RFID and AIDC News: With Globalization Comes New Challenges in Label Printing
When it comes to globalization, many challenges are well understood: the challenges of supply selection, etc. However, there is one important area that has not received much attention – international label printing.
Whether for import or export, a global supply chain world has two key labeling challenges:
- Translating English (or whatever the local language is) into the appropriate words in the targeted language; and
- Printing the characters of these different languages, especially for non-Roman alphabets such as the Asian languages and Arabic.
There is no magic bullet for the translation. In general, says Mark Fralick, SCDigest’s Technology Editor, you need to set up database tables that have the right translation for each language or location you need to support.
For example, “Part Description” may need to be translated into multiple languages to support different international customers. Even within the English language, there may be differences in terminology. For example, an automobile “trunk” in the US is called a “boot” in the UK.
While there are hard coded ways of handling this issue, Fralick says the use of Database-oriented retrieve methods is the best practice.
“I would use the ISO code for each destination country; then select the local language terminology or translation for each field on the label based on that,” Fralick said. This means a company needs to maintain a database of term usage and translations for each country they need to support with customized label printing.
So that general approach addresses the translation side of the problem, but does not fully address the challenges of printing non-English characters.
“Keep in mind also that not every language can be represented in the character set most commonly used by the US and Western Europe, so understand if you will have the additional requirement of these sorts of character encodings, and make sure your database can handle it,” Fralick added.
One approach, says Fralick, is to think of these local fields as being image strings, as opposed to characters strings – meaning Mandarin characters could be stored in the database as gifs, and sent to the printer that way. But that may take even more database maintenance, and would result in relatively slow “first out” label printing, as the printer would need to process what could be a significant number of images, rather than directly printing the characters from internal fonts, as it does when printing English.
Unicode to the Rescue?
A technology approach to global character printing called Unicode solves many of the issues around international characters sets, says Hugh Gagnier, Sr. Vice President of Business Development and Operations for Zebra Technologies, a manufacturer of thermal printers.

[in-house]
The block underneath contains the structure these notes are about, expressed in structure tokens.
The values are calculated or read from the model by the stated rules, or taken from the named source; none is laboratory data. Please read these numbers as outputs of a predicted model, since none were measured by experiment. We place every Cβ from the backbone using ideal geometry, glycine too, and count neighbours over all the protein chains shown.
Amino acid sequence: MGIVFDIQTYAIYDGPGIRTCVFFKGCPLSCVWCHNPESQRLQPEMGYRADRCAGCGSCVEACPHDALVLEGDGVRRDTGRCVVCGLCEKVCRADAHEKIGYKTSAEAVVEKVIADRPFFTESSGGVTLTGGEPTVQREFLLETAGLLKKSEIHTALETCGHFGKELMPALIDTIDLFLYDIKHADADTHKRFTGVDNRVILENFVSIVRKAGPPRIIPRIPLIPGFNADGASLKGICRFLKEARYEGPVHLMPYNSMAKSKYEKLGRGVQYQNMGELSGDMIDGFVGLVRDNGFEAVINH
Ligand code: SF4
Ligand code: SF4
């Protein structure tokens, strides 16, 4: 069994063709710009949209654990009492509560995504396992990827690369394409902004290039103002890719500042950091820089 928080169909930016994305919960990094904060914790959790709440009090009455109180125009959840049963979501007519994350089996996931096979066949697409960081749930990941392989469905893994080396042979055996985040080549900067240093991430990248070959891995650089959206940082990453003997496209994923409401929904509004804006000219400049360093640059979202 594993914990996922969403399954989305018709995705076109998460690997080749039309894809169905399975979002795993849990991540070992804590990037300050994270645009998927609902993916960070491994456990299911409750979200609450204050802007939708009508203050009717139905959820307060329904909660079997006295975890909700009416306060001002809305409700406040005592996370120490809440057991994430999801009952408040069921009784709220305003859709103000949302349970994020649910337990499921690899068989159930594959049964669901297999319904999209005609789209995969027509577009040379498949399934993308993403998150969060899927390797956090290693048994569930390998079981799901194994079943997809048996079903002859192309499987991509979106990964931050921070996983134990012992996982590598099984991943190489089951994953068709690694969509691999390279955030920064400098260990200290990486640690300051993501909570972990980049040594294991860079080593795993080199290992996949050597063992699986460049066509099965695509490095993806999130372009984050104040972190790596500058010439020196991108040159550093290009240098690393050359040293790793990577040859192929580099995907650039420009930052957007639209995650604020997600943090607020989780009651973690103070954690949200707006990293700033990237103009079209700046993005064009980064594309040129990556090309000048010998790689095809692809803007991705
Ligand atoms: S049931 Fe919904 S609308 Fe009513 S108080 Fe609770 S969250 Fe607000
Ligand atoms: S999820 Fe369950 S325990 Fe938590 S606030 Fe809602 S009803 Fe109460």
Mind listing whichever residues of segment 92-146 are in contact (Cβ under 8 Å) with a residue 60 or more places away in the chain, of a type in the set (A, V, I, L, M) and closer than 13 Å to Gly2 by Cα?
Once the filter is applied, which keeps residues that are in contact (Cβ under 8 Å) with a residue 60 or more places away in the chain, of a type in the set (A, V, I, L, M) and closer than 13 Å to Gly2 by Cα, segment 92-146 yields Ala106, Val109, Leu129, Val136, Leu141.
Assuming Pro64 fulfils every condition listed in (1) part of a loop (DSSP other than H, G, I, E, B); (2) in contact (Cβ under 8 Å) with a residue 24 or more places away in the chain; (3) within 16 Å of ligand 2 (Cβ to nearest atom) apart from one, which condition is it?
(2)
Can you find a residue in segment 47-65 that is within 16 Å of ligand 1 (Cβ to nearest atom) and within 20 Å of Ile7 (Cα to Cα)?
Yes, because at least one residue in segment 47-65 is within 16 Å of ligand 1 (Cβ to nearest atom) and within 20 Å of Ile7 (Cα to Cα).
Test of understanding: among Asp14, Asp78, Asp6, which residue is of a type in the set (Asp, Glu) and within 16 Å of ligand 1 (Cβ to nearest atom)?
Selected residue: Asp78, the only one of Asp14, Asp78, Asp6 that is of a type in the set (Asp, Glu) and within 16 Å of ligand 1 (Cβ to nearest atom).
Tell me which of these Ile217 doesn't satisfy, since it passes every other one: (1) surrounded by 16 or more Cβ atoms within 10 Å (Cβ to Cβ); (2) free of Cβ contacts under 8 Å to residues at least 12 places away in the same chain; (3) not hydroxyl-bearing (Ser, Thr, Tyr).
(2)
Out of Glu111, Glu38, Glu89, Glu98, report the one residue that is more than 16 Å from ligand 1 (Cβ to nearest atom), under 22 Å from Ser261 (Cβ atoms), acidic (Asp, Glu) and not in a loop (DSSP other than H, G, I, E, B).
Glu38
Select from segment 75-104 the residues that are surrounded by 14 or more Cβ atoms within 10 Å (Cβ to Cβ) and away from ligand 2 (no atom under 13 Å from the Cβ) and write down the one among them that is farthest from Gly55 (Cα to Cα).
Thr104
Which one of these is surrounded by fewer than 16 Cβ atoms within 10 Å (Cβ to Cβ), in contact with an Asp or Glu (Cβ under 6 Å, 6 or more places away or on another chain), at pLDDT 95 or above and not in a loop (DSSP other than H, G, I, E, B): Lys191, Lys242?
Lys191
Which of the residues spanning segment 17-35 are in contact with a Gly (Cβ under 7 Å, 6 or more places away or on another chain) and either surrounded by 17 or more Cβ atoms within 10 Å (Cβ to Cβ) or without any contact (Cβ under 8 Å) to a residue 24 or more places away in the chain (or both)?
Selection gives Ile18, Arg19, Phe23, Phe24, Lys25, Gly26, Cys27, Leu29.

“Unicode offers a scalable, flexible approach to globalization that is saving our customers and our distributors a lot of time and money,” Gagnier recently told Supply Chain Digest.
Unicode is a global standard for representing virtually any character in any language – perhaps as many as 100,000 in all. Unicode provides a unique number for every character, no matter what the platform, no matter what the program, no matter what the language. It can be thought of as a global version of the “ASCII” character set used in western languages to represent characters on computers.
So, with a Unicode-compatible printer, Unicode characters are sent to the machine, and it translates the Unicode representations into the appropriate global characters.
So, a company would still use the database approach described above, but would store those translations as Unicode numbers, not images or other ways of dealing with the international characters.
This has a number of advantages. It speeds printing, because the characters are accessed as native fonts in the printer. It makes it easy to print multiple character sets on one label, which was often difficult with traditional approaches. It eliminates the need to download or license specific local fonts, as many companies have done in an attempt to solve the problem. It eliminates the need to do that repeatedly as support is required for new countries/languages. If the printer supports Unicode, it means a company – or reseller – can maintain a single pool of inventory that will work anywhere in the world and support shipping to any country.
“This has been a huge benefit for contract manufacturers like Solectron or Jabil, since they can deploy the same printer anywhere or take on new labeling and shipping requirements very rapidly,” Gagnier said.
The same holds true for printer resellers, which can now maintain a single stock of printers that can be quickly localized, rather than in some cases having different printers that have customized fonts installed. With Unicode, a user or reseller easily activates a specific language set that needs supporting.
Despite all these advantages, the concept of Unicode label printing is still somewhat new, even thought the overall Unicode standard, which has many other uses besides label printing, has been around for some time. (More general information can be found at the Unicode Consortium web site.)
But it is starting to gain traction quickly, fueled by the rapid growth of the global supply chain.
Zebra added full Unicode support to its thermal printers in the last few years, even to some of its small desktop printers, and is starting to see rapid adoption by users and resellers, Gagnier said. In addition, many label design packages are now offering Unicode support as well.
“It’s just a lot better to solve this issue inside the printer than outside the printer,” Gagnier added.